Is there a ‘safe’ header?

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David Ball / Pamplin Media Group

Coaches and athletic trainers say that proper training can reduce the risk of concussions in aerial  play. Pictured above, Estacada’s Carson Eaton challenges Corbett’s Devin Leader for an aerial ball.

Rest, training and prevention are key to keeping young athletes healthy.

And because evidence suggests that young soccer players are more likely to suffer concussions on head-to-ball contact that they’re not prepared for, training for aerial play is important.

U.S. Youth Soccer doesn’t allow players younger than 10 to deliberately head the ball in its leagues. It also strongly encourages leagues that combine players age 11 and 12 to consider restricting deliberate headers.

Those precautions are reasonable, said Jim Chesnutt, co-director of the Oregon Concussion Awareness and Management Program. It’s not known at what age players can safely use their heads, but Chesnutt says limiting training at an early age is recommended.

However, some focused training is key to preparing young athletes for aerial play later.

Techniques that help with stabilization of the neck and body can better prepare the head to absorb the impact of the ball, he said, rather than rotating after a header. Headers also are safer if the neck is stronger, and drills that emphasize going up for the ball, activating neck muscles and practicing landings can be helpful, all in moderation.

“I rarely have kids coming off after playing a header,” said trainer Cameron Purington of Gresham’s Sam Barlow High School, referring to players leaving the field after concussions. “They are bracing for that impact.”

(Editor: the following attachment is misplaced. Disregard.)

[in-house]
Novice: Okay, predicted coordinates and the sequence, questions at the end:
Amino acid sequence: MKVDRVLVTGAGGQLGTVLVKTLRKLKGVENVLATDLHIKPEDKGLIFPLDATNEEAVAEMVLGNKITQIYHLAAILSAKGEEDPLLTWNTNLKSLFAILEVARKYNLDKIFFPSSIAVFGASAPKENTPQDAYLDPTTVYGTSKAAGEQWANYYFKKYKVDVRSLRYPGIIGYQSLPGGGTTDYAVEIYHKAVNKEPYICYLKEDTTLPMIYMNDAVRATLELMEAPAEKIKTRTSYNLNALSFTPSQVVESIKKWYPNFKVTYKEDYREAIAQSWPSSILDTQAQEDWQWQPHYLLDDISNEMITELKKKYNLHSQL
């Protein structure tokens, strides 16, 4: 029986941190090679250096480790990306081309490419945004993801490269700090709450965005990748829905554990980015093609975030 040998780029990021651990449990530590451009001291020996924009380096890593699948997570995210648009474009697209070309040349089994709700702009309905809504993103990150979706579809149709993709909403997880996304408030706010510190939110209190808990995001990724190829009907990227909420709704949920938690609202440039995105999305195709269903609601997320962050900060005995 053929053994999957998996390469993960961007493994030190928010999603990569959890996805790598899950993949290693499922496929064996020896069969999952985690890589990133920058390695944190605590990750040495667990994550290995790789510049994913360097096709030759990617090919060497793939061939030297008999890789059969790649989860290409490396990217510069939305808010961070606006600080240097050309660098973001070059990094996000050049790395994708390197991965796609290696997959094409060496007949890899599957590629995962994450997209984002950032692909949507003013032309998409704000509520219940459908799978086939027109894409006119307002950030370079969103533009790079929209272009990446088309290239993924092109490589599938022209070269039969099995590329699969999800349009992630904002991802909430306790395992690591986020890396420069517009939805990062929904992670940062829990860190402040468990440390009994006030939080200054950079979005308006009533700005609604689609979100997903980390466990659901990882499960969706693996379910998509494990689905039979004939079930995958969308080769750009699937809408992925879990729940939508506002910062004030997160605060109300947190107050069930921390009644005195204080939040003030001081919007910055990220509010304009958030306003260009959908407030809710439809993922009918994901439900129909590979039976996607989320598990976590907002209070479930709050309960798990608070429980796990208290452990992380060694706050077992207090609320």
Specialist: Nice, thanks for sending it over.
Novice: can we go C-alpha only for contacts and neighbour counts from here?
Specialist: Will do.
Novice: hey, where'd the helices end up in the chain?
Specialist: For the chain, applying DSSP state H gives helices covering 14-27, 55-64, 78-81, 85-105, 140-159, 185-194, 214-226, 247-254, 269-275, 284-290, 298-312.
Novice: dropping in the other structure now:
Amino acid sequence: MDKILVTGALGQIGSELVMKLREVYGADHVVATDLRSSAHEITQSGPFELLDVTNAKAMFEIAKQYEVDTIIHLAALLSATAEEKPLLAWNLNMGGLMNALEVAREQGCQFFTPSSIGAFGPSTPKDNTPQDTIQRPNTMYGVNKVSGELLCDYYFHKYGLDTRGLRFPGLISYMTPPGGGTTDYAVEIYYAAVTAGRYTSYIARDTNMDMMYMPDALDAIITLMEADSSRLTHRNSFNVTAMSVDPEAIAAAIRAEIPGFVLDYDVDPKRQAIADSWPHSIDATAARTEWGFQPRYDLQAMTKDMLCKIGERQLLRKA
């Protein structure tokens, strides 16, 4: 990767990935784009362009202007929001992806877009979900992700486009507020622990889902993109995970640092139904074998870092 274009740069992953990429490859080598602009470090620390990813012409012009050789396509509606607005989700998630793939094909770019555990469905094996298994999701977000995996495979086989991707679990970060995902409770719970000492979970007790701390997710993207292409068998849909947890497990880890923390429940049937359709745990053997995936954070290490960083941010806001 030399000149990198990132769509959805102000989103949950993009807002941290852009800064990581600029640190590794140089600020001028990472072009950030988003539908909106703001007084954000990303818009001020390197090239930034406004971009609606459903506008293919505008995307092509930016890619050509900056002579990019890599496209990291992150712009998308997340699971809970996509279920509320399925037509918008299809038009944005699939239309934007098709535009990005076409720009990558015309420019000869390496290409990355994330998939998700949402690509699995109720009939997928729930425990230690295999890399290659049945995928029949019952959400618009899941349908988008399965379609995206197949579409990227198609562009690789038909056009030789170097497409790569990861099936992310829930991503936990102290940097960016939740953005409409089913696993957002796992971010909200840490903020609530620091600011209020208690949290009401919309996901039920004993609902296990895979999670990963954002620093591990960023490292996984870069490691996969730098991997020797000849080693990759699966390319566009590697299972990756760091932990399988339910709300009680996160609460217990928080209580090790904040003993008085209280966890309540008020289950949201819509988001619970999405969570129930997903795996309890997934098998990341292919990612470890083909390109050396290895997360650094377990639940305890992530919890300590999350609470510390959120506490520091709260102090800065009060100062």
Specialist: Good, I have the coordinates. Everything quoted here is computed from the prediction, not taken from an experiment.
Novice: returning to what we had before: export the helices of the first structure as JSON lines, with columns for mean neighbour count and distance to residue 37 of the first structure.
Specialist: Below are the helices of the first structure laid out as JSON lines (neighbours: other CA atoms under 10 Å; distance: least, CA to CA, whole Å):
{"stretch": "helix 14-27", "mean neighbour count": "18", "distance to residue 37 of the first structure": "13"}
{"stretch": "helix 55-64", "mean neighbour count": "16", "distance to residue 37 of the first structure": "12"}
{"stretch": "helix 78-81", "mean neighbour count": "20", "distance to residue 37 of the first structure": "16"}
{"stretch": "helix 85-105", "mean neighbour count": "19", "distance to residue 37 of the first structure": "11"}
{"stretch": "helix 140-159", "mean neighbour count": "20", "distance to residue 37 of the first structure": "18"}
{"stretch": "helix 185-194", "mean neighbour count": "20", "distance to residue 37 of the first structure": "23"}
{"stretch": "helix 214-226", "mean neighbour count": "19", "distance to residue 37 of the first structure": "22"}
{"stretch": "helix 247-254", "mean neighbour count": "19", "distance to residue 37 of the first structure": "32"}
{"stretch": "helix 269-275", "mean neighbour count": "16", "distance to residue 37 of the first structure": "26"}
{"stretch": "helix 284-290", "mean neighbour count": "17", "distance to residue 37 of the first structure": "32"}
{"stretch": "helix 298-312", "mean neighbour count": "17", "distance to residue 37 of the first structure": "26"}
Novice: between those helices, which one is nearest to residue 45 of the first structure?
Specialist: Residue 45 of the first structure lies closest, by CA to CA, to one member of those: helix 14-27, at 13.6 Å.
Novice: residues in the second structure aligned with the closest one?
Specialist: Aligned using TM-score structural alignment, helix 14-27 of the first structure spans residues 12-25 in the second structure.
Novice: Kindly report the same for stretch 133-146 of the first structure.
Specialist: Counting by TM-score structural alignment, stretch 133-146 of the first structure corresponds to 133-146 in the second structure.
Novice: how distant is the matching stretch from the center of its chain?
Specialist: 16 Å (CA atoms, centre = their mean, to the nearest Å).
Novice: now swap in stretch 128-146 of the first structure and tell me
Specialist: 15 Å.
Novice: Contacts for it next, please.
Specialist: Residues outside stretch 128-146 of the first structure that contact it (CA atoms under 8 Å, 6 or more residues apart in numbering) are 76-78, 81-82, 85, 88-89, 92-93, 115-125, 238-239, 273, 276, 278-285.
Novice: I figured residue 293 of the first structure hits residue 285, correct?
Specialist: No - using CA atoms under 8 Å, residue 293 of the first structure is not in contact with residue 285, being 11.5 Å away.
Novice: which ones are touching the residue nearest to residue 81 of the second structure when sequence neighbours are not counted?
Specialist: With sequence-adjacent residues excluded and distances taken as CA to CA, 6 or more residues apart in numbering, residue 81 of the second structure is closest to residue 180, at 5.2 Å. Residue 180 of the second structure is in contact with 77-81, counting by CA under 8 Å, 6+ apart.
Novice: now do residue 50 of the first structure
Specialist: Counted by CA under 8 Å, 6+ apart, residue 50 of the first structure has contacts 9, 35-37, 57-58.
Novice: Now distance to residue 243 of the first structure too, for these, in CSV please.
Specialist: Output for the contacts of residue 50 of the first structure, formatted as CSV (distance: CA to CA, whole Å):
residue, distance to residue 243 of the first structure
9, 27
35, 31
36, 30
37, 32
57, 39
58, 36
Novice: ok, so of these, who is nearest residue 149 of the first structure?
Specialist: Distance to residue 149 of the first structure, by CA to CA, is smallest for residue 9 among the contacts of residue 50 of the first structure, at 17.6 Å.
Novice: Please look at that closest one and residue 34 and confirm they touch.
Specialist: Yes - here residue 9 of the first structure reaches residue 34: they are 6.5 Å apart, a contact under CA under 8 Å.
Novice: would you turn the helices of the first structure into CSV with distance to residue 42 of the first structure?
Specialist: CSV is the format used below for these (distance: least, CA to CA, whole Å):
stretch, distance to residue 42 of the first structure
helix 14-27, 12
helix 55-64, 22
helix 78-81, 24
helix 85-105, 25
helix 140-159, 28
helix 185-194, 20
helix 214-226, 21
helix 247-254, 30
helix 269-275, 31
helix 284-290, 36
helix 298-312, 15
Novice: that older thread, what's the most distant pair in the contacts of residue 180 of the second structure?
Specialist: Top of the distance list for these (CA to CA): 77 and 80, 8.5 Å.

Michael Koester, a doctor of sports medicine at the Slocum Center in Eugene, uses this yardstick to measure player readiness:

“If you’ve got a kid who can accept instruction and can demonstrate the technique, that’s what’s important.”

Also important? Staying alert. Ball-to-head concussions tend to most affect athletes who weren’t ready for the ball.

“I’ve seen players get hit by a volleyball and suffer a concussion,” Purington said. “But that’s because it was a situation where they weren’t expecting it.”

Whether in games or at practice, even on the sidelines, an errant ball can pack a hard hit, and can do damage when a player isn’t properly positioned.

“We see a lot of kids getting concussions when they’re not anticipating the ball hitting their heads. They get hit from the side,” Chesnutt said.

 

Pamplin Media Group sports editor David Ball contributed to this article.

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